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There was a long time when the lack of belief in myself was a major factor in my life. I didn't pursue an ideal career, or start my own business, because I didn't think I could. I didn't stick to habits because I didn't really believe I had the discipline.
What wouldn't be worthy, in my opinion: watching crappy TV (a few really good shows during the month might be an exception), constantly being distracted, constantly reading the news and social media, being mean or selfish all the time, shopping, feeling unmotivated and doing nothing with that time, worrying, regretting.
Let's say you're feeling unmotivated, unsure of yourself, aimless, can't find your passion, directionless, not clear on what your purpose in life is. You're in good company - most people are in the same boat. Now, there about a million things online telling you how to find your passion in life, and that's a good thing.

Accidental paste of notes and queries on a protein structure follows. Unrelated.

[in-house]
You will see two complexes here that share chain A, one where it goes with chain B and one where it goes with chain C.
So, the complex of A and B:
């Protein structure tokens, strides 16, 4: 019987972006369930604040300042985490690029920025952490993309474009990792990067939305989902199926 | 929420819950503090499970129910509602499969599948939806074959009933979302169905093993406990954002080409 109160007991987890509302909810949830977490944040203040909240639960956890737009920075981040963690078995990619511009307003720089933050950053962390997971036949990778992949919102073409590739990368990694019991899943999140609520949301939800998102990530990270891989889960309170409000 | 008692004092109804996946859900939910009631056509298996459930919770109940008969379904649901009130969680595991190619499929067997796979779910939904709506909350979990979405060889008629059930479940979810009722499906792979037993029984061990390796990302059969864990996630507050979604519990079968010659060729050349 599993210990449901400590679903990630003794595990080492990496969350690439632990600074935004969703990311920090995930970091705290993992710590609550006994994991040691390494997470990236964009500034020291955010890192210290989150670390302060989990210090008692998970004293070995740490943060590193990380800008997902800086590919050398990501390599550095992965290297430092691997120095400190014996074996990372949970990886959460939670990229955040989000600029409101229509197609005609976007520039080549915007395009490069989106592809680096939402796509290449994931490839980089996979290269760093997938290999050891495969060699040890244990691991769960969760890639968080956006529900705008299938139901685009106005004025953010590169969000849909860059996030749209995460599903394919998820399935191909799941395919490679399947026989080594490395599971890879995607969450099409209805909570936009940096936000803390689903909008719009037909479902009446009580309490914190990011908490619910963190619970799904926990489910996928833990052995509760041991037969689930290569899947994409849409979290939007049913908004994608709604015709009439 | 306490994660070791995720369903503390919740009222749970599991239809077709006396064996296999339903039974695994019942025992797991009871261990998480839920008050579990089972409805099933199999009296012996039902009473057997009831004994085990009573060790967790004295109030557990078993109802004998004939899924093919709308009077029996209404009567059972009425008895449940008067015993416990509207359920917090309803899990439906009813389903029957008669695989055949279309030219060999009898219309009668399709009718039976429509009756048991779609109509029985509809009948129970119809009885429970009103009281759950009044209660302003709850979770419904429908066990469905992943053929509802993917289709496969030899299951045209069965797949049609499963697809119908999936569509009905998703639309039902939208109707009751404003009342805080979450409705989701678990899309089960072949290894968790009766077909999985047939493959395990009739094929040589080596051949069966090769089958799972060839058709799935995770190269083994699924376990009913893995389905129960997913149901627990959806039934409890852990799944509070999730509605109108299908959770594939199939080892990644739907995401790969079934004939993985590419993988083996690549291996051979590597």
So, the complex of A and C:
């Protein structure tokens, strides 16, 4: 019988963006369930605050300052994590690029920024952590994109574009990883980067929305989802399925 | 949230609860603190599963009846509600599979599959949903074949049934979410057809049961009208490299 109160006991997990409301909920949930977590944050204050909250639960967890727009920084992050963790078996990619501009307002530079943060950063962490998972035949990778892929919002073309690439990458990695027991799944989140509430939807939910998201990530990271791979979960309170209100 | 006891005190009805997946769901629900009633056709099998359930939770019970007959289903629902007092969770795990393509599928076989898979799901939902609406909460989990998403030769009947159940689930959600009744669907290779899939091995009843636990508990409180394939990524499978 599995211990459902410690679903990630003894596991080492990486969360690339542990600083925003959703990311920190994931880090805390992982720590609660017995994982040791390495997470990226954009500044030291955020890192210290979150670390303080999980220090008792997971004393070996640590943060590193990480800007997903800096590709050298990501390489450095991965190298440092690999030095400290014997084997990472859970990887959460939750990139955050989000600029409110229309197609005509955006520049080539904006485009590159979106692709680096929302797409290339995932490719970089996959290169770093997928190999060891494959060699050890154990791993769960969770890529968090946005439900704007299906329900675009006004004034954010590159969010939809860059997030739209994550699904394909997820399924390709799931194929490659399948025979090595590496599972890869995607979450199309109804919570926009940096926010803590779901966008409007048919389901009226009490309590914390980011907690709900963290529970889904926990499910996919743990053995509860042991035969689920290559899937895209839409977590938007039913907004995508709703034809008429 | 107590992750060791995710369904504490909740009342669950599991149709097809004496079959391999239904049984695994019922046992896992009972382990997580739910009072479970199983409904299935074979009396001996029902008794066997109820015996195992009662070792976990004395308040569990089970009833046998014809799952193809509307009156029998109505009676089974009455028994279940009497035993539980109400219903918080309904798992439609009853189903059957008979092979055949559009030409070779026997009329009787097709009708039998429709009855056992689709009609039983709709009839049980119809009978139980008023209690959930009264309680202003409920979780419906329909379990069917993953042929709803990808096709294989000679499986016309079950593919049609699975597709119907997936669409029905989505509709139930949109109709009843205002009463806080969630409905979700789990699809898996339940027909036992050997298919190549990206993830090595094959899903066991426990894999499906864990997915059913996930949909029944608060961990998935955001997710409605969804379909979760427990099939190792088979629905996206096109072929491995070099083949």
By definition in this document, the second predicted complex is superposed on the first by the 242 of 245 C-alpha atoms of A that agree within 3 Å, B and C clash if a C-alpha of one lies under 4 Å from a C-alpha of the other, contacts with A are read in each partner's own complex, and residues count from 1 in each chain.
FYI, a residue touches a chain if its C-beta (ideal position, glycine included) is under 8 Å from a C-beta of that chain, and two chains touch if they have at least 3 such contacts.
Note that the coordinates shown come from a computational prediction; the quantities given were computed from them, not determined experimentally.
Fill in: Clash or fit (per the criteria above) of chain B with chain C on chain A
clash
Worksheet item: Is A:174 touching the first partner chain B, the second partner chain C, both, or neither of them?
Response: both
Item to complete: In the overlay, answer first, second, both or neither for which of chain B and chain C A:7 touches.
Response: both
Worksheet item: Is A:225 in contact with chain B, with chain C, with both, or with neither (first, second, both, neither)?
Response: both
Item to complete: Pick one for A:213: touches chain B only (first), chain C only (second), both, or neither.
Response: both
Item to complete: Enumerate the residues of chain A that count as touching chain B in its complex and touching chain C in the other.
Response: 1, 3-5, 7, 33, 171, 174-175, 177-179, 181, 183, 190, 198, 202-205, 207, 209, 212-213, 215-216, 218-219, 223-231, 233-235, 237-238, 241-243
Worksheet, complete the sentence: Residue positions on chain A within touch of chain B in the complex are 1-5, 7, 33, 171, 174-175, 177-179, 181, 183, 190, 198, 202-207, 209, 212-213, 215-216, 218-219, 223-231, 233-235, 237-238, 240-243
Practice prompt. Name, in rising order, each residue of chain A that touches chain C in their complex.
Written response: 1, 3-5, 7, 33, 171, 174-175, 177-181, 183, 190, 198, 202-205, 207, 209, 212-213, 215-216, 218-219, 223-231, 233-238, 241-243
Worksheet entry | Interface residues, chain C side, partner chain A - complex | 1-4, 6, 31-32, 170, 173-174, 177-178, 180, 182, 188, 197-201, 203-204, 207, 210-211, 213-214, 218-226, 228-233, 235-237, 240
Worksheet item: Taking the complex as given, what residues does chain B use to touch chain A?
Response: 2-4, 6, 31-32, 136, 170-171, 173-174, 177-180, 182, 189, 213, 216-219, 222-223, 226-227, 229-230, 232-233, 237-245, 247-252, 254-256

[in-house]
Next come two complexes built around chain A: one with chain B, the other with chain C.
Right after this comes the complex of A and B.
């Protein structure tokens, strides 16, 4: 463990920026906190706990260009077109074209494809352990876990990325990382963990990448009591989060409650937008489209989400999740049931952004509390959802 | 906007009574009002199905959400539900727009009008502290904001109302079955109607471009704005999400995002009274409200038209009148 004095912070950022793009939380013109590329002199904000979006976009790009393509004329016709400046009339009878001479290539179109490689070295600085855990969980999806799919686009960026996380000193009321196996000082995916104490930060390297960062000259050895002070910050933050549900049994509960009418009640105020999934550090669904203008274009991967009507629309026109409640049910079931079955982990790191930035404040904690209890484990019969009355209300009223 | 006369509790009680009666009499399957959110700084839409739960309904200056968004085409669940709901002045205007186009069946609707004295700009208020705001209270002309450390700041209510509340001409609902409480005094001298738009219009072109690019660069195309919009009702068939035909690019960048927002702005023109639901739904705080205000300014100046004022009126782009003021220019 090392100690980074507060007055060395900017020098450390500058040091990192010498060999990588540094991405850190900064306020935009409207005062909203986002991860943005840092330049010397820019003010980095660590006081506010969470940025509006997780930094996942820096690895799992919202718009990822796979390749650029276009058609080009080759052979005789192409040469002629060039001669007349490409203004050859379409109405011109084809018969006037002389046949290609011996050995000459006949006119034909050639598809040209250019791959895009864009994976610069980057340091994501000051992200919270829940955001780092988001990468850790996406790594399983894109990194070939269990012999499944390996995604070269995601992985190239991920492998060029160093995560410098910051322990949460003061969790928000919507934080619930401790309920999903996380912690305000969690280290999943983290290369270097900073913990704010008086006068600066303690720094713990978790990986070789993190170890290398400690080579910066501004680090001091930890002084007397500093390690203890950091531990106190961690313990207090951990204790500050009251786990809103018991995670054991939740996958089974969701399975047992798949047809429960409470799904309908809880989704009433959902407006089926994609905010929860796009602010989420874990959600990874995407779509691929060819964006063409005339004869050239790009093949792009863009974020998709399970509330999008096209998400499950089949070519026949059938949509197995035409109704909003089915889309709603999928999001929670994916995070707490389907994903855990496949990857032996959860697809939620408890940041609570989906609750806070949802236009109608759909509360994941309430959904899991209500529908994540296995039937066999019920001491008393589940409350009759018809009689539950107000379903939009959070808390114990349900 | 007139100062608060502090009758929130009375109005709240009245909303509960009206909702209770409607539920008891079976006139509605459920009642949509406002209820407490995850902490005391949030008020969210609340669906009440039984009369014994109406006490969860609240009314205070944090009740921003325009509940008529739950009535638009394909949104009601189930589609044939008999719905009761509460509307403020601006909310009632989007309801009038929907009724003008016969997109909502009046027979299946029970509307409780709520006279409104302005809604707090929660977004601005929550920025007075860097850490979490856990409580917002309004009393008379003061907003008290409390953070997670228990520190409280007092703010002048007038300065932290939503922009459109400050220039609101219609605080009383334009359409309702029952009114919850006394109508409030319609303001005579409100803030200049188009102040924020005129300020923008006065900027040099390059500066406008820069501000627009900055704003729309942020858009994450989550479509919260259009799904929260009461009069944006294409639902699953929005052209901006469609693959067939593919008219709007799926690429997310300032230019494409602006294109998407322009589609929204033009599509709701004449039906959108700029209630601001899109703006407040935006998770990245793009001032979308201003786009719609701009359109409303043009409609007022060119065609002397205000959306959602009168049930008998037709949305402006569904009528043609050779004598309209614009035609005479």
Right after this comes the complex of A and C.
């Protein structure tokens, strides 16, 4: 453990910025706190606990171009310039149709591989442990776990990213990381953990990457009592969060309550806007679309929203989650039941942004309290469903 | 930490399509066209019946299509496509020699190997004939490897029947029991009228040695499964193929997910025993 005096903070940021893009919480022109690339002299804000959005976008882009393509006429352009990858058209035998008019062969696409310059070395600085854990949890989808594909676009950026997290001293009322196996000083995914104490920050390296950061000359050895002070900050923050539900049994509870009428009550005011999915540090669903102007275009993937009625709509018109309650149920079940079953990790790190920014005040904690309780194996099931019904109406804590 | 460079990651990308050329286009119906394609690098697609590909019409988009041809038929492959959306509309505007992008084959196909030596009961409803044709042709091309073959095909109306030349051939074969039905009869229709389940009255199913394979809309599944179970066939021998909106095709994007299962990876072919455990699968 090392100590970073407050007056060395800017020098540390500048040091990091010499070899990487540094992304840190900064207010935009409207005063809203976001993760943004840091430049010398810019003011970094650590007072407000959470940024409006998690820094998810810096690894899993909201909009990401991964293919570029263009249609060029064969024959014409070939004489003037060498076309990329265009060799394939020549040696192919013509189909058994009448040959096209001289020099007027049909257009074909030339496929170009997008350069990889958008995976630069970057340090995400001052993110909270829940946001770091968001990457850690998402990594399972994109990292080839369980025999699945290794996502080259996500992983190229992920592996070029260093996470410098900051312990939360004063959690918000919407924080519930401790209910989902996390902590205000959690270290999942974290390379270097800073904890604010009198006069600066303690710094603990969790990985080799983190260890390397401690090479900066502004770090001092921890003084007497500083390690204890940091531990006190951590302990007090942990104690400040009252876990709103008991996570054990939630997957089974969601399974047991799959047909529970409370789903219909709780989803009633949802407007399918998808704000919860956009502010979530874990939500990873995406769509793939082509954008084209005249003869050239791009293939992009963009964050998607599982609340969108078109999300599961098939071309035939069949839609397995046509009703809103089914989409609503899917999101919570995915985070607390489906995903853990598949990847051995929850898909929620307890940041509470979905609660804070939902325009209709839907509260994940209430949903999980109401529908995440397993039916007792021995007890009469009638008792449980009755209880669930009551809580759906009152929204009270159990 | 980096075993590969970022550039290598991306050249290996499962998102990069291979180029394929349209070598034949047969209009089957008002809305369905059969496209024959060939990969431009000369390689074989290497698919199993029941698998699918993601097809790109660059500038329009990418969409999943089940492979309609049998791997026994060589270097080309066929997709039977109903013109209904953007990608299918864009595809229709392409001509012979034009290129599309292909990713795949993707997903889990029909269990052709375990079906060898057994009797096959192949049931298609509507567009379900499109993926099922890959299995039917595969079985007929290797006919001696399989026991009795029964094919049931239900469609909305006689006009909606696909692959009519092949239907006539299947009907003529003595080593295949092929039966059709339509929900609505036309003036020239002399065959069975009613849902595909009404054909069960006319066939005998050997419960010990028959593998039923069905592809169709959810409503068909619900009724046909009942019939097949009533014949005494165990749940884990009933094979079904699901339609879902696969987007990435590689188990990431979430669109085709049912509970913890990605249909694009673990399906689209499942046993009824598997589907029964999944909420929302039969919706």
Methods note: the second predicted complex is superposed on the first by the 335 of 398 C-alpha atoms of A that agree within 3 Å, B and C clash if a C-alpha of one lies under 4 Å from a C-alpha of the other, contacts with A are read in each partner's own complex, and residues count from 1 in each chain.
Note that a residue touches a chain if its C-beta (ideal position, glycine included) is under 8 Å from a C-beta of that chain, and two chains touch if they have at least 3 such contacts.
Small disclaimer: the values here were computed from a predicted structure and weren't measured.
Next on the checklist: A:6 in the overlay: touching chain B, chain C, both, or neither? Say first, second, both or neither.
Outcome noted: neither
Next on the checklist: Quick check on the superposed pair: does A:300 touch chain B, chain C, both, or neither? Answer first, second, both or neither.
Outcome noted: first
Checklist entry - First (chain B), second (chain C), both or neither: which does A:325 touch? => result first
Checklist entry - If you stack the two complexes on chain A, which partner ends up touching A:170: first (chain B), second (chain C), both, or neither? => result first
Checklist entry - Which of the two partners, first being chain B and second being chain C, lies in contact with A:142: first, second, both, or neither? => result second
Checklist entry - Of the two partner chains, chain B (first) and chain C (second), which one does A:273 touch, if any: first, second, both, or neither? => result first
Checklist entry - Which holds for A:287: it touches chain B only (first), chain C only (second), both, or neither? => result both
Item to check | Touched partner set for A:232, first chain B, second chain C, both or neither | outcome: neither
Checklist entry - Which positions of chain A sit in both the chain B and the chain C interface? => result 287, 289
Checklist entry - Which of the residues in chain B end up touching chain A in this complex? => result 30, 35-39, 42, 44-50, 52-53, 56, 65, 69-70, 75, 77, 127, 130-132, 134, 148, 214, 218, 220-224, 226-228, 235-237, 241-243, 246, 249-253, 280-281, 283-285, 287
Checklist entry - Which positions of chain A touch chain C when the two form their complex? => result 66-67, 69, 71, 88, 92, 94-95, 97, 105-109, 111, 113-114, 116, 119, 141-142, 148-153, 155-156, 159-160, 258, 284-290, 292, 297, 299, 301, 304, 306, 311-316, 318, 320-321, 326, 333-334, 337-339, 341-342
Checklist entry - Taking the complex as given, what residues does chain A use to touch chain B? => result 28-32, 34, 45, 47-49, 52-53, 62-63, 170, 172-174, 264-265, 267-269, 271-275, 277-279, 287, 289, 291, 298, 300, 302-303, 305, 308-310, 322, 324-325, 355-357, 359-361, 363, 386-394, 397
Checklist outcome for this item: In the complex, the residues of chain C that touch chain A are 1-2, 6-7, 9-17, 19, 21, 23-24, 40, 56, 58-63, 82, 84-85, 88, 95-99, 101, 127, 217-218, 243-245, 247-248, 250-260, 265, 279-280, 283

Now consider how you can make a difference in the lives of others. Consider your current work, which perhaps already makes a difference - how can you refocus yourself on this work? Or consider creating a side project, and carving out the time for this.
One of the biggest problems you need to solve if you work for yourself is how to make yourself do work. The best entrepreneurs have figured it out and just pound out the work they need to do. But many others put off their dream careers, or stay in jobs they like, because they're afraid to figure this out.
'We're so busy watching out for what's just ahead of us that we don't take time to enjoy where we are.' ~Bill Watterson We all go through our lives almost on autopilot, our minds generally elsewhere, occupied with other thoughts as we float through the real world like ghosts.
'A man is rich in proportion to the number of things which he can afford to let alone.' ~Henry David Thoreau For almost 9 years now, I've been learning to live a simple life. A life uncluttered by most of the things people fill their lives with, and left with space for what really matters.